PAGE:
I hit a traffic clusterfuck on the bus ride to work, so I showed up a little late to class. I walked up six flights of stairs and swaggered down the hall in my chalkstained suitcoat and jeans. All beard and baggy eyes. Armed with my tweedy impertinence. I nudged the door open and strode into the classroom. My students gasped, as they always do whenever I show up more bearded than the week before. On my way up to the podium, I tripped over a computer cable. A torrent of coffee shot across the room.
"Fuck!" I shouted.
Oops. I covered my mouth.
My students are big on call and response, so they responded.
"Fak fak fak," they repeated.
"Aw, shit," I said to myself.
"Shit shit shit shit shit -"
A hand shot up in the front row.
"Mr. Panda. Fak. What is the meaning?"
"Yes. And shit. What is the meaning?"
I grinned a bit. Did I mention I was feeling flippant?
"You really want to know?" I asked.
A resounding YES from the class.
"Aight," I said. I bent down to soak up the spilled coffee with a stack of papers. Then I walked across the room, shut the door and deadbolted it. "Hey yo, can somebody close that door in the back? Thanks."
I fired up the computer and switched on the projector screen. I looked out over the sea of black-haired, bespectacled heads and said, "How y'all doin'? Long time, no see."
"No," said a girl in the front row, "short time, yes see."
"Yes. You are teach us two days before."
"Jesus," I said. "You're right."
I use the projector these days because nobody can read my handwriting, not even me. I opened Microsoft Word and typed out the word "fuck" in 28-point letters.
"So you want to know about this word, do you?"
A resounding YES.
"Okay. Alright. So it was written," I sighed, "so it shall be done."
I paced the stage a bit.
"First of all," I said, "you are never to use this word around anyone other than me. You are certainly not to use this word around the foreigners you see on the street. Because they will get angry. You are not to use this word around Professor Xie. Because he is delicate. But if you do use it around Professor Xie, and if he asks you who taught you this word, you are to tell him - "
"Mr. Panda!" the class shouted in unison.
"No," I said. "Don't say that."
I paced. I felt the urge to light a cigarette. Or a cigar.
"You are not to use this word as a noun or as a verb. That will only get you into trouble."
Here, I swatted the air and made a SLAP sound. And then I molded my hand into a pistol and made a gunshot sound. Much laughter from the crowd.
"As a noun or as a verb, this is a very serious word. We only drop it in emergencies. For that reason, we call it the f-bomb," I explained, "and I don't want to hear any of you saying 'f-bomb you.' Because people don't like it when you say that. People kill people for saying that."
I took my coffee from the desk and slurped down what little bottom-feeding sludge remained.
"But," I said, "the f-bomb is very useful otherwise. It is the spice of Oral English. It is the air that we, as English speakers, breathe. Your teacher, Mr. Panda, is a gentleman. But gentlemanly as he is, he drops the f-bomb - "
"Once a month!" interjected a student.
"Once a week!"
"Once a day!"
"Once a sentence," I said.
The crowd oohed.
"I'm not teaching you this word because I think it's funny. And I'm not teaching you this word because I want you to use it. I'm teaching you this word," I said, "because we drop it all the time in English. In real English. Not the English you study in your - in your ... fucking books." Laughter. "But in real English. The English you hear in movies. The English you hear in music. The English you'll hear me using when I'm outside of class. Without understanding the f-bomb, you can't begin to understand Oral English. The f-bomb is the key that unlocks the whole ... fucking thing."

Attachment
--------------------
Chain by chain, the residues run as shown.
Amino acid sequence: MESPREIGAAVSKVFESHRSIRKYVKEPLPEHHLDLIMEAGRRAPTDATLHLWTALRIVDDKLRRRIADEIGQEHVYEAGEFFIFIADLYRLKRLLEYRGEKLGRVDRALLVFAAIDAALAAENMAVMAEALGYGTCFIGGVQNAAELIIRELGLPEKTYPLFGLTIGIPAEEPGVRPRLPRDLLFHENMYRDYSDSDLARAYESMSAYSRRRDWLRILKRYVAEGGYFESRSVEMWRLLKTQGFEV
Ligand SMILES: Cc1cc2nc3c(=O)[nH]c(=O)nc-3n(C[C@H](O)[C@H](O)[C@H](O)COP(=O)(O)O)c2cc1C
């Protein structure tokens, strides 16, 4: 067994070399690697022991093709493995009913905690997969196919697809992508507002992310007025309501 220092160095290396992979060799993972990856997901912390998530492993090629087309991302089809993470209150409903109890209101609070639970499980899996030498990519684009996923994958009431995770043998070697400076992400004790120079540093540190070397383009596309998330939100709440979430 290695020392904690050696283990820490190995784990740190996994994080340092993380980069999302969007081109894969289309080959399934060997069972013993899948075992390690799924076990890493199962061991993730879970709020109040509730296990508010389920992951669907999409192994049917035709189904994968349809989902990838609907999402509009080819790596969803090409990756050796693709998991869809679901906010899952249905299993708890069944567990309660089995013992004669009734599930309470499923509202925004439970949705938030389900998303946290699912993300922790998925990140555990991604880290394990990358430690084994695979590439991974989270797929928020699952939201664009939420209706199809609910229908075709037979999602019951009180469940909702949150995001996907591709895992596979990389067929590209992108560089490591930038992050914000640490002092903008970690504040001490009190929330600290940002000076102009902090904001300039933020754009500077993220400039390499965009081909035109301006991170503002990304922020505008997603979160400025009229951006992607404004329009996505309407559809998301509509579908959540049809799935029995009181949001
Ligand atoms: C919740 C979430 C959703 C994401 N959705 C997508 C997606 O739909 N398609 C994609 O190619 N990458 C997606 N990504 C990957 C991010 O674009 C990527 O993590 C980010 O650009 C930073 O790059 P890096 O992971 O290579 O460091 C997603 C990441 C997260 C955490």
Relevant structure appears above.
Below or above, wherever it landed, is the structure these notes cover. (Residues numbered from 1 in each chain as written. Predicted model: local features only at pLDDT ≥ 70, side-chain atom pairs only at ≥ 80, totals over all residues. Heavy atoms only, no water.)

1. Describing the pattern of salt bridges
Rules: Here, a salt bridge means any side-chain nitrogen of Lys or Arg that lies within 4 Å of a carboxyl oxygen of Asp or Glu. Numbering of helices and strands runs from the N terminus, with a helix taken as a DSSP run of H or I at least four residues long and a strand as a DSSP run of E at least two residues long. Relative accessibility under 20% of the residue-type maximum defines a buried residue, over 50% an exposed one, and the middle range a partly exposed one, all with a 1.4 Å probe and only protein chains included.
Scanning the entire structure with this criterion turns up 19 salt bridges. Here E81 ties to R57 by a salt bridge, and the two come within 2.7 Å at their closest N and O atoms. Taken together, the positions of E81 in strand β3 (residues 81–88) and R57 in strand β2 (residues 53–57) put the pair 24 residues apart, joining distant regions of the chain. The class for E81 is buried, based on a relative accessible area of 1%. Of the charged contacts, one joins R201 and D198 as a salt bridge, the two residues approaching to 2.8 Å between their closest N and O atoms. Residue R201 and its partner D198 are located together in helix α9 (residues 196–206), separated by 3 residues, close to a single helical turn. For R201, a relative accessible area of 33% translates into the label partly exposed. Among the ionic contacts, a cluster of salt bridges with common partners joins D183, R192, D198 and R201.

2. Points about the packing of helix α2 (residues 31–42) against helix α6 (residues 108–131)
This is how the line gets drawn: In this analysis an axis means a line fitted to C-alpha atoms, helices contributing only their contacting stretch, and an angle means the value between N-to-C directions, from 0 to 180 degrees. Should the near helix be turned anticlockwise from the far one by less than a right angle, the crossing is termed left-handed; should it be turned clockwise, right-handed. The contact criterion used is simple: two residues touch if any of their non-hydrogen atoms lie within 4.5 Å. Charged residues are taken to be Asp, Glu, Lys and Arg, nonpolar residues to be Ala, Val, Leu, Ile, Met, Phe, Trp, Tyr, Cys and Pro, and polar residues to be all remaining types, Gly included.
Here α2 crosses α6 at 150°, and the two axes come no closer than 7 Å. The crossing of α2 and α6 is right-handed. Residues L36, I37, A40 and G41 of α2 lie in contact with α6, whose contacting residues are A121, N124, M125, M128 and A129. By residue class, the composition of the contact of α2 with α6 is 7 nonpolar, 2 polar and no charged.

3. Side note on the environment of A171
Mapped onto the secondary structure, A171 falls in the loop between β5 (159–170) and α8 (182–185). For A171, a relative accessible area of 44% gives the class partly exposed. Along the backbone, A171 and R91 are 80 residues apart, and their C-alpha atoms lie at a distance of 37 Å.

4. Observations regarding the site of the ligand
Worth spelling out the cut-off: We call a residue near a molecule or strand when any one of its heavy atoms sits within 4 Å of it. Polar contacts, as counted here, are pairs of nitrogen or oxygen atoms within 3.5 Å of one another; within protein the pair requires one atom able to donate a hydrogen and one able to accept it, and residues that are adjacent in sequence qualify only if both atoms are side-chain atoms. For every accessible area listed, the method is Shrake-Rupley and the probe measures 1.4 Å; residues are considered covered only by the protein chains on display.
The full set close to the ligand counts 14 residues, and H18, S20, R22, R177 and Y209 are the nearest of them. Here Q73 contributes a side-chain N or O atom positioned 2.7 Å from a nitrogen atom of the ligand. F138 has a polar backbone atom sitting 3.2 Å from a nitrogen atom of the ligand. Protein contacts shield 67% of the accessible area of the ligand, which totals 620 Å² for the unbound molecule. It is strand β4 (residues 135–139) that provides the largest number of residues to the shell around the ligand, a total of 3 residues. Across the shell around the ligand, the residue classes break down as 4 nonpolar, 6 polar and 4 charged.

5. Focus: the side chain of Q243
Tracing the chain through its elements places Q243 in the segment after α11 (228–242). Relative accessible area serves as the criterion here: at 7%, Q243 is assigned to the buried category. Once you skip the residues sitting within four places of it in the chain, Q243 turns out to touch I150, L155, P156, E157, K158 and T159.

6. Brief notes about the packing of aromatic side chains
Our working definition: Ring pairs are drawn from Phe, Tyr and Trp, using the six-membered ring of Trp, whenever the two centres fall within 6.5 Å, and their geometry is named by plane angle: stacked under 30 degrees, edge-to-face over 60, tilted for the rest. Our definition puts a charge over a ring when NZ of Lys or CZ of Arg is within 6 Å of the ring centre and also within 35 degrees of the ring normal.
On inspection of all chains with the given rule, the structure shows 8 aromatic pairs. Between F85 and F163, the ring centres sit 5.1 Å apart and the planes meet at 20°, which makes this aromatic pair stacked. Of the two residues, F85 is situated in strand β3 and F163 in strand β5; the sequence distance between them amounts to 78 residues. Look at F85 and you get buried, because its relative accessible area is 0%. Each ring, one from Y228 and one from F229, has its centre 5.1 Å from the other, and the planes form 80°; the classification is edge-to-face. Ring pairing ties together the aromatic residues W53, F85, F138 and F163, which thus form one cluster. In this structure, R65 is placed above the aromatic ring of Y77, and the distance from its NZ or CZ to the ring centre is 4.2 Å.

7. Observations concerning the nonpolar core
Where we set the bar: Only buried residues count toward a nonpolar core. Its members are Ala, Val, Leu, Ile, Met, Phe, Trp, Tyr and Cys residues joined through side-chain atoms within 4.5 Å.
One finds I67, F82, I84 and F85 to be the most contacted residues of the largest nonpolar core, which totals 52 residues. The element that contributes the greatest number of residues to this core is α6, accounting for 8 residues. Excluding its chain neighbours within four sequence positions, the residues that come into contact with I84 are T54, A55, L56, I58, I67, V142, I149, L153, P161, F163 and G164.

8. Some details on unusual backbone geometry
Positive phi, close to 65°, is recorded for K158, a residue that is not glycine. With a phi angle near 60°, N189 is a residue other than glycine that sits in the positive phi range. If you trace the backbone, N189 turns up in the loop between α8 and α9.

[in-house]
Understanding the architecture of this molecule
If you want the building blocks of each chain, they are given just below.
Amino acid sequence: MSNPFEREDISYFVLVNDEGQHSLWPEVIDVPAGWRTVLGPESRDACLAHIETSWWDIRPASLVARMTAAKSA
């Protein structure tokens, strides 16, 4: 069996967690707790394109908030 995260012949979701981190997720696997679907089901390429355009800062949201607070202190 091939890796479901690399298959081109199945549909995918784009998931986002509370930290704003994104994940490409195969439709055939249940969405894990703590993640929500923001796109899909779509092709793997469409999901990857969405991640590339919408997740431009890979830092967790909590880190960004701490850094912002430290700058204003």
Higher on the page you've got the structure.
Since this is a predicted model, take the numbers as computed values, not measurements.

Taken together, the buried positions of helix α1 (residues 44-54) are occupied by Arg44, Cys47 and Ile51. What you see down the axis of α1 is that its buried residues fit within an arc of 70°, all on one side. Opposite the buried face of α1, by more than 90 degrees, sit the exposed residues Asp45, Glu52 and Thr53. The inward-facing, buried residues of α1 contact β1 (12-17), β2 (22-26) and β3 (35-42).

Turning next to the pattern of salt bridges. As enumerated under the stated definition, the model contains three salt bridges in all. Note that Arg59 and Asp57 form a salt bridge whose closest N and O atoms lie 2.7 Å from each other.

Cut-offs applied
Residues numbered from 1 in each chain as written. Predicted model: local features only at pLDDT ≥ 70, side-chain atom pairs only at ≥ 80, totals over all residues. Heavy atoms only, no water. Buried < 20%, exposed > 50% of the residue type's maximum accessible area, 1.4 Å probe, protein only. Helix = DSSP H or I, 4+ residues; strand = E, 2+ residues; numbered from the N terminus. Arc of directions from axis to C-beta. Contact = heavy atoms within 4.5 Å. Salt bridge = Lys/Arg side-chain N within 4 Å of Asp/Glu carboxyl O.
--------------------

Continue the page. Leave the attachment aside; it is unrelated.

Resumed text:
My students had fallen silent. For a moment, I was afraid that I had offended them.
"... or we can talk about something else. If you like."
A resounding NO!
"Alright, then. First of all - "
I paced some more.
"Do not say fuck," I said. "Never say fuck. Fuck is a bad word, and I do not respect people who use it as a noun or as a verb. But in the West, we use it very often as a - as a ... "
I paused. I racked my brains for all the English grammar I'd learned in Mexico, but nothing came. I typed out the words "very good."
"Your grammar is better than mine," I said. "What is 'very'? Is it an adjective or an adverb?"
"So it's an adverb," I agreed. "And the adverb form of the word 'fuck' is 'fucking.' 'Fucking' is safe. 'Fucking' is your best friend. It's very useful. Check it."
I typed "40%" on the screen.
"What do you say about something that's not very good?" I asked.
"Not bad," the class replied in unison, with such indifference that it gave me chills.
"Good. Great. Thank you for remembering that. And what about something that's kind of good, but not very good?"
I typed "60%" on the screen.
"Not bad," they said, with a little perk at the end.
I allowed myself a secret smirk. Just three weeks before, these kids were saying so-so. And fine. Everything was so-so. Everything was fine. Now I had them dropping things like "not bad" and "not too shabby." I finally had them speaking English like they could actually speak the damned language, like they'd been studying it for eight years or something. You done good, Mr. Panda. You done good.
I typed "100%" on the screen.
"What about something that's really, really good?"
"That's right. Great. Now look here, kids."
I typed "110%" on the screen. And then I typed "fucking."
"You put 'fucking' before any good adjective, and it makes it even gooder," I said. "Even better, I mean."
"Fucking great!" shouted a girl in the back.
"Exactly. What else?"
I winced a bit.
"Delicious. Not deliciurs. But we'll cross that bridge when we come to it. You got the right idea, though. What else?"
"Really fucking wonderful!"
"There it is," I said, and cackled a bit. "Shit. You kids are fucking sharp."
I covered the opposite end of the spectrum, where things are "fucking awful" and "fucking terrible," where things "really fucking suck." Then my students, thankfully, led me into less profane territory.
"Mr. Panda, how to say gua wa zi?"
A barrage of laughter. Ah, yes. Gua wa zi: idiot.
"A million different ways to say idiot," I said, "but here are the best ones."
I typed "dumbass" on the screen.